Twitter’s decision to permanently ban President Donald Trump is “un-American” and parallels censorship under communist China, Secretary of State Mike Pompeo said on Jan. 9.
“We cannot let them silence 75M Americans. This isn’t the CCP,” he added, referring to the Chinese Communist Party’s weaponization of technology and social media to monitor and suppress dissent.
Trump vowed that he “will not be silenced.” He said his team has been negotiating with Twitter’s competitors and is also looking into options to build a separate platform.
Republican lawmakers and Trump allies have criticized Twitter’s actions as censorship and abuse of power.
“If you agree [with] Tech’s current biases (Iran, good; Trump, bad), ask yourself, what happens when you disagree?” he said. “Why should a handful of Silicon Valley billionaires have a monopoly on political speech?”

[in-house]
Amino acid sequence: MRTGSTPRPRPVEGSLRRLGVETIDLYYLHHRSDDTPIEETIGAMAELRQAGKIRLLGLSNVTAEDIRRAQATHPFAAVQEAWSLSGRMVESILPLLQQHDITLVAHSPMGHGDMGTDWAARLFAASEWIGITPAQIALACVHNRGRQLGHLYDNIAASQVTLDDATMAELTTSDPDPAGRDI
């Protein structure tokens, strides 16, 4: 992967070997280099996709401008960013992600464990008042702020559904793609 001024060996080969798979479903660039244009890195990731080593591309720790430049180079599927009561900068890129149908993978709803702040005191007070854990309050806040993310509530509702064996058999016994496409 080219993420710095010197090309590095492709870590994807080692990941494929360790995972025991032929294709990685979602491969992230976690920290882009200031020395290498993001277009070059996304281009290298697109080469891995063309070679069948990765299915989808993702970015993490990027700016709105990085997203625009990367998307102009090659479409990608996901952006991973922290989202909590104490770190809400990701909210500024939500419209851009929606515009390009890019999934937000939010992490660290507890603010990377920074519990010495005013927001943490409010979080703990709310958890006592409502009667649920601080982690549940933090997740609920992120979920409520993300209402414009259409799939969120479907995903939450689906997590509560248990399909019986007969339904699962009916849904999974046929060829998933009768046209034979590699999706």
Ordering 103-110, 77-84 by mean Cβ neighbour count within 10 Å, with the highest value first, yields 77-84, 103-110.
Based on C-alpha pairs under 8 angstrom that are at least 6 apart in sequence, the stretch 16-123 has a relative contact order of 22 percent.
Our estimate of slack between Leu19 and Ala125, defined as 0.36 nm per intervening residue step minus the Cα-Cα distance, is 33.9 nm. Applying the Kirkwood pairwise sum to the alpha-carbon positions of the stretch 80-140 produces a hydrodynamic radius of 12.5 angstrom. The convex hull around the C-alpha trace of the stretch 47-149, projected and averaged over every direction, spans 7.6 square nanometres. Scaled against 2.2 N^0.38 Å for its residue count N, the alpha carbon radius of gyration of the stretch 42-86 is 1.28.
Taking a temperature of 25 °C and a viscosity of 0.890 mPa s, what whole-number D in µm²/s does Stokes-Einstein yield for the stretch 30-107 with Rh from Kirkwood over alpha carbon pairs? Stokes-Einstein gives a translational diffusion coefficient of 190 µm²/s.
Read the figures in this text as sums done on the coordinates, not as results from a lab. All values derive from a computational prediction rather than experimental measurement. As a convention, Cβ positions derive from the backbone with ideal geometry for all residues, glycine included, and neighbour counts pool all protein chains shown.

Sen. Marco Rubio (R-Fla.) voiced similar concerns.
Kate Ruane, senior legislative council for the progressive advocacy group American Civil Liberties Union, also put out a statement, saying Twitter’s decision “should concern everyone.”
“We understand the desire to permanently suspend him now, but it should concern everyone when companies like Facebook and Twitter wield the unchecked power to remove people from platforms that have become indispensable for the speech of billions—especially when political realities make those decisions easier,” the statement reads.
Twitter also has banned accounts of lawyer Sidney Powell and Trump’s former national security adviser Michael Flynn. The waves of Twitter bans have prompted some users, including radio hosts Mark Levin and Rush Limbaugh, to make a voluntary exit.
Pompeo’s message strikes a similar tone to that of former United Nations Ambassador Nikki Haley, who also invoked the Chinese regime’s censorship of those it deemed enemies.